‘My sister bought a bungalow for Rs. 1.8 crores 6 years ago and today it is worth Rs. 5 crores’

‘My friend bought a flat in 2002 for Rs. 40 Lakhs and it is now worth Rs. 9 crores’

My father…………………….

you heard these stories right?

It is not about hearing these stories it is how you interpret them that is important.

So for most people the next question is WHERE did they buy it?’

Then they hear Pune, Gwalior, Delhi, Mumbai, Panvel…………..

What then now actually hear is “if you buy a house now in Pune for Rs. 1 crore, it will go up 4 times in 5 years time’ …..then they go and buy a house….

Why? because History repeats is what a teacher told them…and they hope that the teacher was right! What they forget to hear is ‘You cannot look at the rear view mirror and drive’ – like Peter Lynch told us.

I heard one father tell his daughter ‘look at the poor return that your SIP has given and the fantastic appreciation in the real estate that we have got…so let us redeem all your mutual funds and put it in the real estate – let us buy another flat in Panvel’…..

well I also read this

http://www.nytimes.com/2010/08/23/business/economy/23decline.html?_r=2&

 

Related Articles:

Post Footer automatically generated by Add Post Footer Plugin for wordpress.

  1. Dear Subra sir,

    There are many cases where properties(flats/land) purchased in Chennai after 2008 or even 2010 have doubled and even tripled as of today.This is purely due to the fact that most businessmen do not pay their share of taxes and the only safe haven for the unaccounted money is real estate followed by gold and thus creating a bubble.

    Hence what is applicable to the western world with strict income tax norms may not be applicable in India.I feel that as long as there is black money in the system the bubble shall not burst.Hence I strongly feel that real estate should also be a part of investment portfolio for the average person who does not have the capability to invest directly in stocks.Your views please…

  2. People who know more than just recent history, know much better about Real estate. Mumbai RE market crashed from 1997 till 2003 by appx 40 to 50%. I know a colleague of mine, who bought an apartment there in 1999 and sold out in 2002 at a discount of 2002.
    Similarly, for Gold. Gold is also a volatile asset. See its history dating back 35 to 40 years. Between 1987 till 2001, it had crashed 50% in-between & remained at the same value for almost 15 years (in US$ terms).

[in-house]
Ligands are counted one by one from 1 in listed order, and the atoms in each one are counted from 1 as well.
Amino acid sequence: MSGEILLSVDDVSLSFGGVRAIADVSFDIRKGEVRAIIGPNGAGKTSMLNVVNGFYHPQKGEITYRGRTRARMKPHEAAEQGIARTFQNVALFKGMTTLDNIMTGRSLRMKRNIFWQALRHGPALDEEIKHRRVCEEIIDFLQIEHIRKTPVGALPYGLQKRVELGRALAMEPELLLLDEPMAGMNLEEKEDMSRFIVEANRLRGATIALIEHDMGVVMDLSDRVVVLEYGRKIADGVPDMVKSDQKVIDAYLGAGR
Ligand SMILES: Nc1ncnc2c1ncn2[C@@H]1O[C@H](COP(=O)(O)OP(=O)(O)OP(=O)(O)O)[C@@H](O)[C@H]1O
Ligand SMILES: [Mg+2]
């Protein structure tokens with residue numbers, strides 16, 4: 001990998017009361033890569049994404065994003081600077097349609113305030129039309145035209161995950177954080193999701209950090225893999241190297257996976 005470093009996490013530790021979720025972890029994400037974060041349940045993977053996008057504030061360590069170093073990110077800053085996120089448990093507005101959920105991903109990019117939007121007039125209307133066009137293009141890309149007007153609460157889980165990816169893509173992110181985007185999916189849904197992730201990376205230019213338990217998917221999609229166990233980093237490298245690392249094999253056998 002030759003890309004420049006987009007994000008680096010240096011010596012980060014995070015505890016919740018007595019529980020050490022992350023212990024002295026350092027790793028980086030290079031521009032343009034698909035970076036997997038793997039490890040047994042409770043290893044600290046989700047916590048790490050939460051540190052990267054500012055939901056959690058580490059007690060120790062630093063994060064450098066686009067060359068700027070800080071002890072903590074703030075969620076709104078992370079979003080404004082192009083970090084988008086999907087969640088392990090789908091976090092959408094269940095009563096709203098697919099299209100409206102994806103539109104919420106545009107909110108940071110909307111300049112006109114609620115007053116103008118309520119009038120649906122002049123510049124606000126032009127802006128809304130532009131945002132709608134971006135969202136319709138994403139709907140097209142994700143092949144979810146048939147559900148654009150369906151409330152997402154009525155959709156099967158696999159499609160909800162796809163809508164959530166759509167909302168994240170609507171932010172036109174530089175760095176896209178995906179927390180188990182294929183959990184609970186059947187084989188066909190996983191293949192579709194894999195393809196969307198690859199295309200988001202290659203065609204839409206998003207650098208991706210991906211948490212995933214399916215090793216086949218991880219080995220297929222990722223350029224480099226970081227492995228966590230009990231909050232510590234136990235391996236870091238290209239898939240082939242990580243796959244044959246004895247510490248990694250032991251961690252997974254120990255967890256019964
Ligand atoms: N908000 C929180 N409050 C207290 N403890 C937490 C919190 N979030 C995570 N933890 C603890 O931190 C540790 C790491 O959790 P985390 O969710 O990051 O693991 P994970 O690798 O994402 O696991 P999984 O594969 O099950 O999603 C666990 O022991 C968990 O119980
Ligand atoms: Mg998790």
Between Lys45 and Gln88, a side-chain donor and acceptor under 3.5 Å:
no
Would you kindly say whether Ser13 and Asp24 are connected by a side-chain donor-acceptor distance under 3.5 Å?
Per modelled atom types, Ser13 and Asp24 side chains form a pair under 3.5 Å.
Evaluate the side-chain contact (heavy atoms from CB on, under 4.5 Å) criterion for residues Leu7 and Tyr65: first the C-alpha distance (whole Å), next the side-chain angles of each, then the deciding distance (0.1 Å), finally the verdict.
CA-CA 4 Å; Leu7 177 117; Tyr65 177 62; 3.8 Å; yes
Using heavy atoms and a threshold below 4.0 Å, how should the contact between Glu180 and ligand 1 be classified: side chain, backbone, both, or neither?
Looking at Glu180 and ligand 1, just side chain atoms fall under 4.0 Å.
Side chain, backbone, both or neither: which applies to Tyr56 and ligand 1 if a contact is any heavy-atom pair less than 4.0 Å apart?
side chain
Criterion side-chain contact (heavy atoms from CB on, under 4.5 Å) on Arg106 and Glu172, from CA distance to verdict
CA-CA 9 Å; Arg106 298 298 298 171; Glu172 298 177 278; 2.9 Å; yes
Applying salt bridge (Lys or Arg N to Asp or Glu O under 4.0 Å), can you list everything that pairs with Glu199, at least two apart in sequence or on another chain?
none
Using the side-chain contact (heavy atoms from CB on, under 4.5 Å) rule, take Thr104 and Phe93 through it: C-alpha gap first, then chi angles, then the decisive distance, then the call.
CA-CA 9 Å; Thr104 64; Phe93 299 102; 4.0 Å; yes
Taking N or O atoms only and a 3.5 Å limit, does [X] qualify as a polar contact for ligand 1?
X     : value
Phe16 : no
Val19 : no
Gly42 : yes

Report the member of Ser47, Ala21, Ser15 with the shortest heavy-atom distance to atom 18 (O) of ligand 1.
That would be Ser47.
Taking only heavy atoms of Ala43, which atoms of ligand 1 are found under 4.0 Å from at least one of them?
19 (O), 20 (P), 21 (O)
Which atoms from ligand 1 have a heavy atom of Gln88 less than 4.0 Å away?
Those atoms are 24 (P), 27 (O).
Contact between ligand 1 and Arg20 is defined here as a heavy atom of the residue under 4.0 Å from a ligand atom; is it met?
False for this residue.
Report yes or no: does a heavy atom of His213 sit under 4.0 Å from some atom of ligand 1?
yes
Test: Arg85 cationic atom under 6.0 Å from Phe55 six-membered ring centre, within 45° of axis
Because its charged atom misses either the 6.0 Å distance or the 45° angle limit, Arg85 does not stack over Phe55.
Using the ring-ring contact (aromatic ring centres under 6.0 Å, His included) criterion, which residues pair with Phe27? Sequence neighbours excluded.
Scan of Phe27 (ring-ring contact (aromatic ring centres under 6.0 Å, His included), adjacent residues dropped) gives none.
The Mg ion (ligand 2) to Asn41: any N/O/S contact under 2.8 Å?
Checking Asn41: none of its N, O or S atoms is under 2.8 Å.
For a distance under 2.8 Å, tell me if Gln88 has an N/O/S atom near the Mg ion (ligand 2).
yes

3. People who know more than just recent history, know much better about Real estate. Mumbai RE market crashed from 1997 till 2003 by appx 40 to 50%. I know a colleague of mine, who bought an apartment there in 1999 and sold out in 2002 at a discount of 35%.
    Similarly, for Gold. Gold is also a volatile asset. See its history dating back 35 to 40 years. Between 1987 till 2001, it had crashed 50% in-between & remained at the same value for almost 15 years (in US$ terms).

  4. Dear Mr.Pandu,

    The reason why I had mention 2008 or 2010 is because all asset classes went up during 2003-2007 during the boom period and hence considering the real estate returns over the past ten years(2003-13) would not give a fair picture.There are also several cases of land purchased in 1992-1996 which have multiplied more than 30 times as on date(CAGR of >20%).Now that is a long period of around 20 years and not the recent past.Am not pro RE or pro equity but neutral to all asset classes.

    If we are talking about volatility – there is nothing as volatile as the stock markets.There is no need to be scared about volatile asset classes when you invest for the long run.Volatile asset classes beat inflation.

    Hence for the average person real estate should also be a part of the portfolio (through lumpsum investments); equity through SIP’s; gold 5-10% of total portfolio and FD’s to ensure liquidity..